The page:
Facebook Twitter



University of Utah scientists are working to perfect the world's first magnetic polymer so that it is stable at room temperature. It is a plastic-like material invented by the team's leader, Joel S. Miller.

Miller, a U. chemistry professor, described the properties of the new material Wednesday during a "science at breakfast" function sponsored by the university's science department, held in the Little America Hotel. He invented the material while he was with the DuPont Corp. in Wilmington, Del., in 1991."Magnetic and conducting polymers are in the future," he declared. "There is no doubt our research and development will result in improved materials and commercial applications."

A group of 10 or 11 students and postdoctorate researchers - including visiting professors from Paris and Osaka, Japan - are working to perfect magnetic polymers. Currently, magnetic polymers that can be studied at room temperature are unstable in the open air.

The U. researchers are collaborating with physicists at Ohio State University, Columbus, who are headed by Professor Arthur Epstein, in a project funded by the U.S. Department of Energy and the National Science Foundation.

Among future uses of magnetic polymers will be "smart material," Miller added. Smart material already in use is the photo-sensitive plastic in glasses, which darkens when exposed to sunlight and lightens indoors.

"In the future, you're going to see many more types of things like this around," he said. Some of them will involved magnetic poly-mers.

The new materials are revolutionary in that they are nonmetal-lic magnets. Until Miller's invention, all magnets were made of metals like iron, cobalt and nickle, or used metallic oxides.

"Without magnets, society would not be the way it is today," he said. Magnets are use in microphones, television sets, electric motors. A car may have 20 different magnets.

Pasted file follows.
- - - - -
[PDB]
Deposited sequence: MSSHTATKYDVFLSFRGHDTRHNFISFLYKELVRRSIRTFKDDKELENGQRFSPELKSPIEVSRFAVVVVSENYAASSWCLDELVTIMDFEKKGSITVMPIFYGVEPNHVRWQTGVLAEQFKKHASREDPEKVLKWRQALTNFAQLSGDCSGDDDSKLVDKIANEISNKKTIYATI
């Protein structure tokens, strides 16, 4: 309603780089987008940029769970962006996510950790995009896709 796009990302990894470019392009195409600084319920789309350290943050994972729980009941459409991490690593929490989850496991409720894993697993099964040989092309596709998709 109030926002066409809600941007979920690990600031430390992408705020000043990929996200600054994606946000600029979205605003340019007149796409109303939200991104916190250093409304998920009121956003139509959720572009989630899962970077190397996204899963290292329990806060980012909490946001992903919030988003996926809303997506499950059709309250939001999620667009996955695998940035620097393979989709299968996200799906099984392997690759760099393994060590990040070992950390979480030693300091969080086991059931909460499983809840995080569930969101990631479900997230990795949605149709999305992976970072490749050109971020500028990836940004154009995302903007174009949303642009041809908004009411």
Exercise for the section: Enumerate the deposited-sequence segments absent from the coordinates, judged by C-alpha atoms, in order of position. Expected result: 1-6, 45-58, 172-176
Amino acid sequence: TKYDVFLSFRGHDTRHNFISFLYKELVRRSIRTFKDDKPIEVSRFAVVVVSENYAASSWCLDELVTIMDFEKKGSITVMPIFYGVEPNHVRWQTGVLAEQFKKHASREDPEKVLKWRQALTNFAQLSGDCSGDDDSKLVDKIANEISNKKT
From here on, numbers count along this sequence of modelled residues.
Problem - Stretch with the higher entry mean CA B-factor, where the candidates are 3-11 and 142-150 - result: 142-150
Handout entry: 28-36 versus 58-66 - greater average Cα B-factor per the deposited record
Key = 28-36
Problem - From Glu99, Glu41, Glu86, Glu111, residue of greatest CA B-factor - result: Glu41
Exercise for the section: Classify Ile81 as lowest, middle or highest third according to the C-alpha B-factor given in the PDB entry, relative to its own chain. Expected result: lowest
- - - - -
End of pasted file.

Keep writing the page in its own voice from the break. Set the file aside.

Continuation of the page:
"Magnets are in your computer disks and the reader for your computer disks," Miller said.

Polymer materials are formed of giant, nonmetallic molecules, such as plastics and natural fibers like cotton and wood.

Magnetic polymers could have great value someday in shielding power lines, improving stereo speakers, storing information on computer disks and making more efficient electric motors.

While dozens of researchers in the audience watched, Miller projected a view onto a screen, showing a sealed vial that he was holding. Inside the glass tube were chunks and fragments of the plastic powder inside.

When he slid an ordinary magnet along the outside of the tube, the clumps of the material inside followed it, demonstrating that it was magnetic.

According to Miller, some of the new polymers are more strongly mag-netic than iron.

Such a polymer could be better for storing data on disks. It could be a strong, transparent, noncon-ductive, flexible plastic.

A magnetic polymer used in computers would be easier to manufacture, with fewer worries about environmental contamination than when making traditional printed circuit boards.

"It's the very first magnet ever made that does not have bonding between all the different sites. Therefore, it's soluble," he said of the new material.

One material he devised in the 1980s is magnetic only at extremely low temperatures. But the newer compound is an improvement over that. "This particular material is, in fact, magnetic at room temperature," he said.

The powder retains magnetic properties at up to 170 degrees.

A use he has already shown for the new material is that it can shield strong magnetic fields produced by traditional magnets. Eventually, if a product like it can be perfected, it may be used to wrap high-voltage power lines, reducing their magnetic fields.

However, for the time being, magnetic polymers that are useful at room temperature must be sealed within vials for study. "They are not air-stable," he said.

Asked how long it would be before anything useful can be manufactured out of magnetic poly-mers, he said 15 years may be a good guess. "This is really right at the beginning," he said.

Aiding his presentation was his son, Alan, a 16-year-old student at Rowland Hall-St. Mark's School.